Home School News Brick School Officials: Uszenski Termination Charges Were Drawn Up

Brick School Officials: Uszenski Termination Charges Were Drawn Up

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Brick Township Board of Education/Schools (Photo: Daniel Nee)
Brick Township Board of Education/Schools (Photo: Daniel Nee)
In a response to a complaint filed by Shorebeat to a state agency, an attorney for the Brick school district acknowledged that his office had drawn up termination charges against suspended Superintendent Walter Uszenski.

Previously, James Edwards, business administrator the district, had denied a request made by Shorebeat under the state’s Open Public Records Act, claiming the documents did not exist. After a review of legal services invoices revealed entries related to the charge documents have been created, Shorebeat filed the complaint with the state Government Records Council which, in turn, required the district to respond.

Ryan Amberger, an attorney with the firm of Montenegro, Thompson, Montenegro & Genz, which represents the district, said in the response that “a draft document of termination charges was prepared by counsel in response to the Board of Education’s instructions to report back with options regarding termination of Walter Uszenski’s contract.”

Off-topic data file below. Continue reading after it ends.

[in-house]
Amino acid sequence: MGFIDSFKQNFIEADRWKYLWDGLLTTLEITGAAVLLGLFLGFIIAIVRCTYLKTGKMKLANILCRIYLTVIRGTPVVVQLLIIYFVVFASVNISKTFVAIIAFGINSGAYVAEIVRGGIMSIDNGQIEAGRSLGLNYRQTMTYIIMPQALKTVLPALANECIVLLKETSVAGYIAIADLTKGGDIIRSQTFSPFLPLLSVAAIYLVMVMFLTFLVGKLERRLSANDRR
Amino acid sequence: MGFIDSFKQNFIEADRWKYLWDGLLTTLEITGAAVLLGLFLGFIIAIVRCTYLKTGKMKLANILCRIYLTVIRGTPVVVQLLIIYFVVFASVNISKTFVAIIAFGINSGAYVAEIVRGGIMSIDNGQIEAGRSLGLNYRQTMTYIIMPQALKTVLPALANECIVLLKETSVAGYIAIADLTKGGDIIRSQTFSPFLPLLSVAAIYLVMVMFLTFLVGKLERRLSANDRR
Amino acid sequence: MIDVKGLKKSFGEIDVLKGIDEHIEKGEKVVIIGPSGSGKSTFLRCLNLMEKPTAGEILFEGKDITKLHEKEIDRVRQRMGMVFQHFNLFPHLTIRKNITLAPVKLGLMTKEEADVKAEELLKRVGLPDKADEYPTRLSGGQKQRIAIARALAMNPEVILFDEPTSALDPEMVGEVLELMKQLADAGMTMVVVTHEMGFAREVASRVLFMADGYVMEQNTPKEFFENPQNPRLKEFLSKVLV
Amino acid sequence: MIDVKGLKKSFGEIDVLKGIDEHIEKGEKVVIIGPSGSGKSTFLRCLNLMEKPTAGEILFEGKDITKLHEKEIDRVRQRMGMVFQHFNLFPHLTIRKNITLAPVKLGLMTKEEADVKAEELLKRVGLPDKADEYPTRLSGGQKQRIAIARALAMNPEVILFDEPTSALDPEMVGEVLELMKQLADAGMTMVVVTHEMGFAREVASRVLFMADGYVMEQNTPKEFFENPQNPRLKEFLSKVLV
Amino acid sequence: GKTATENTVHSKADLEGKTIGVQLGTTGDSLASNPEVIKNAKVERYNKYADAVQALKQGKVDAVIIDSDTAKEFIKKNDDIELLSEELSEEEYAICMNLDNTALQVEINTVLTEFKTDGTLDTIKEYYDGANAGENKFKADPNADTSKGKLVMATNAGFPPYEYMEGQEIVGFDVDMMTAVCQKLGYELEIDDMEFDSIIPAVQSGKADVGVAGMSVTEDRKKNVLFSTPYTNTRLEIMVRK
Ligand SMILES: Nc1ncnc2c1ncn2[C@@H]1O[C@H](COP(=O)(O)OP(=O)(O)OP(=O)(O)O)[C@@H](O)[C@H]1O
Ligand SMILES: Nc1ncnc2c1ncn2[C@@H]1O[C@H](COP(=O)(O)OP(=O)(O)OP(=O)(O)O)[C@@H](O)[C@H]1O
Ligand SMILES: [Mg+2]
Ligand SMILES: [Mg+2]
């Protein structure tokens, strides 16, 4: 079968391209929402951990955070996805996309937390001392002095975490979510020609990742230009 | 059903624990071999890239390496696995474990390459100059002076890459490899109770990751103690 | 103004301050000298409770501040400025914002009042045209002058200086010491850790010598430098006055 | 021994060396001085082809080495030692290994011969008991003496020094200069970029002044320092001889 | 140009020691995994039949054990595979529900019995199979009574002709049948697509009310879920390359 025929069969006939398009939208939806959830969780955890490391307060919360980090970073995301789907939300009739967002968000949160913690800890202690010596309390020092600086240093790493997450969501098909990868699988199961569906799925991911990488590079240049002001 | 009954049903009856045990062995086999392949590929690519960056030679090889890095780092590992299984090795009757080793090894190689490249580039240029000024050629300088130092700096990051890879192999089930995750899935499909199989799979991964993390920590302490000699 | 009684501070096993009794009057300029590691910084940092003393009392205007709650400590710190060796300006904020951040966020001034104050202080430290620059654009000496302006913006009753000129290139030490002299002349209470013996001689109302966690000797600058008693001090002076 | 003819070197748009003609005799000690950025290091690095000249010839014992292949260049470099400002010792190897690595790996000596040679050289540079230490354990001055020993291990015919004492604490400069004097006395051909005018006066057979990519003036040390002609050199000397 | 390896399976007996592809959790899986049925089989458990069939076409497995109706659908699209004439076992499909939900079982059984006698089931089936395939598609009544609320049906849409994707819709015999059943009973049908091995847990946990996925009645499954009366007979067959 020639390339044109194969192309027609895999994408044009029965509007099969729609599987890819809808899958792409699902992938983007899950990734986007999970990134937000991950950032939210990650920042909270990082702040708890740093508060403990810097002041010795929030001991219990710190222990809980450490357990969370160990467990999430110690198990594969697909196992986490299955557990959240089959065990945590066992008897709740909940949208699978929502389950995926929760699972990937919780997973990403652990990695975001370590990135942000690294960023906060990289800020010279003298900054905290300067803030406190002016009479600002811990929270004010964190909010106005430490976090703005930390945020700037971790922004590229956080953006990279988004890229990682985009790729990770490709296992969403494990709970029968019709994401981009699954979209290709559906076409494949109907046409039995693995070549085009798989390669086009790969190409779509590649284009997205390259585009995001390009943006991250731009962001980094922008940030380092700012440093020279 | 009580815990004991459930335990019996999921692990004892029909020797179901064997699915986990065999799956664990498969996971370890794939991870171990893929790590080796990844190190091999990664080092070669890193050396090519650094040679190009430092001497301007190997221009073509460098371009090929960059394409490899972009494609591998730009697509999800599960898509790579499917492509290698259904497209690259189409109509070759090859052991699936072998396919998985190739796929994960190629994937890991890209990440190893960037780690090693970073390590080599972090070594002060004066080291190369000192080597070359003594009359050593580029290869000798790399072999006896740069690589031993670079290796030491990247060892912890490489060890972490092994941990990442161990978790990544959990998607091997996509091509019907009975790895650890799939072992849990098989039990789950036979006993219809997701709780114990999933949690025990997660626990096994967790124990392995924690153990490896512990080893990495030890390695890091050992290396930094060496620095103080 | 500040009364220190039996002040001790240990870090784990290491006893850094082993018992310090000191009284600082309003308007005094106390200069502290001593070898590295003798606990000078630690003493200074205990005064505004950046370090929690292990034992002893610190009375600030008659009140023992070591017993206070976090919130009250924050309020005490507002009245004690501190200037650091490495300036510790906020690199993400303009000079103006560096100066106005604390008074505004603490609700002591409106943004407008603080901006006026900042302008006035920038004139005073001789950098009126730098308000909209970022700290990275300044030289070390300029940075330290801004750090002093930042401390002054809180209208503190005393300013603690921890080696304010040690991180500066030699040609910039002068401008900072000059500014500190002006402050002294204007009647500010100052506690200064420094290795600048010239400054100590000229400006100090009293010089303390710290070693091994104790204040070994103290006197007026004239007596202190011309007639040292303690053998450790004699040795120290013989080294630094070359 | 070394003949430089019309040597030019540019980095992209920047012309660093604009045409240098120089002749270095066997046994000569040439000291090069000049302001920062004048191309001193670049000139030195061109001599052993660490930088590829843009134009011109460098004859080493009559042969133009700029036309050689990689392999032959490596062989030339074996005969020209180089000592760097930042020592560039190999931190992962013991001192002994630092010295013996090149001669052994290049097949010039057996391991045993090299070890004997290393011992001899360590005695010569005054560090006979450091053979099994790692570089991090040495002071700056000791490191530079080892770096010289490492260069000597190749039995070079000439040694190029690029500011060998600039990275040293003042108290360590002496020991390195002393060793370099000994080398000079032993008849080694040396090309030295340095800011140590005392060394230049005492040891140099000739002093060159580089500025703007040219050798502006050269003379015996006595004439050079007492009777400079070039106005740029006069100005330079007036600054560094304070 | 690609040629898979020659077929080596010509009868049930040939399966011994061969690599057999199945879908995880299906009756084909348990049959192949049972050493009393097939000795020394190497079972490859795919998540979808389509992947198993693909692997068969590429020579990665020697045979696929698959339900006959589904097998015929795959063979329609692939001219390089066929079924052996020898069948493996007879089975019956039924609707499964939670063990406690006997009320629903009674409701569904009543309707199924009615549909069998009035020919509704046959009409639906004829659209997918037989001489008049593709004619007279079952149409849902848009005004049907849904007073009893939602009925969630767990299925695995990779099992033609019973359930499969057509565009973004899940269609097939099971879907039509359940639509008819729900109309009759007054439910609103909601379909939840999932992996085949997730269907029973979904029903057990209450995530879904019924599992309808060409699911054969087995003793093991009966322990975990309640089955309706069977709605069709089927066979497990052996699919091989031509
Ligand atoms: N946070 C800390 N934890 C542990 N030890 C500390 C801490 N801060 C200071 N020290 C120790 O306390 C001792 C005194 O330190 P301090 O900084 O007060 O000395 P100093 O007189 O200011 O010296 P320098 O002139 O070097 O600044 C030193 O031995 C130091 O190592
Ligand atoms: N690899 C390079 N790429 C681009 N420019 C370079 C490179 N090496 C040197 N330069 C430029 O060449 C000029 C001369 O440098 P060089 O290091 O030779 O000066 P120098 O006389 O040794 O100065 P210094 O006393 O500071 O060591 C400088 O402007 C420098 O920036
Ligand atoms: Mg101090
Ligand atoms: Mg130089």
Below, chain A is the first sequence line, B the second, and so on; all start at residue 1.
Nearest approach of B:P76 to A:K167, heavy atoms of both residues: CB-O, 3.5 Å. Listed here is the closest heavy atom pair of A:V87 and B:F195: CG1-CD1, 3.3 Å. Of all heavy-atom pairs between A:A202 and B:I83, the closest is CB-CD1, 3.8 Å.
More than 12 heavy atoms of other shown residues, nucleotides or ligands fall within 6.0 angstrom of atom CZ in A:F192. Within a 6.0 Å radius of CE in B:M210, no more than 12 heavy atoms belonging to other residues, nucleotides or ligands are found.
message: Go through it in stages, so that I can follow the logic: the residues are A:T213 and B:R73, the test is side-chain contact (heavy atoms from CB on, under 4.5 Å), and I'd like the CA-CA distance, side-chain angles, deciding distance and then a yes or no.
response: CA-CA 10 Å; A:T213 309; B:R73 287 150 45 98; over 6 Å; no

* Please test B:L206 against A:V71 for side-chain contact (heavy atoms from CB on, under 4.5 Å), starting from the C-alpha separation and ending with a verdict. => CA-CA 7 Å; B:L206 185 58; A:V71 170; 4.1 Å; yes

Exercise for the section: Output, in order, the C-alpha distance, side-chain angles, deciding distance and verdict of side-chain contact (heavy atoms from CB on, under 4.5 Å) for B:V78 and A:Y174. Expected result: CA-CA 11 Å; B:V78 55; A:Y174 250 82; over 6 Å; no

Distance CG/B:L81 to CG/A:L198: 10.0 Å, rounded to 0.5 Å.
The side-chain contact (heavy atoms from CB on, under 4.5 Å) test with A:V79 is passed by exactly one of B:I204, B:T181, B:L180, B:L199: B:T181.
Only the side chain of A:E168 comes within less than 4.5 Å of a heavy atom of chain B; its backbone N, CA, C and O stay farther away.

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Though records show that the document was created in January, Amberger wrote in the response that the charges have “yet to be presented to the Board of Education.”

“The final decision on whether such charges will be filed lies with the board, and a decision has yet to be made,” Amberger went on to say.

The fact that the documents physically exist – however, have not been formally presented to the Board of Education despite an apparent review by the Interim Superintendent of Schools – justified the denial under the pretext that the documents “do not exist,” Amberger argued.

Though the district ultimately acknowledged the existence of the documents in its response, they maintain the charges should not be made public because the document is deliberative material and subject to attorney-client privilege since the filing of charges would likely lead to litigation.

Nicholas Montenegro, the district’s attorney, said at a Board of Education meeting last week that Uszenski would be entitled to return as superintendent and qualify for back pay if he were to be acquitted of pending charges or if the charges were dropped.

Uszenski is accused of official misconduct and theft for allegedly providing education services to his grandchild, for which the child was not eligible to receive. The case has yet to go to trial.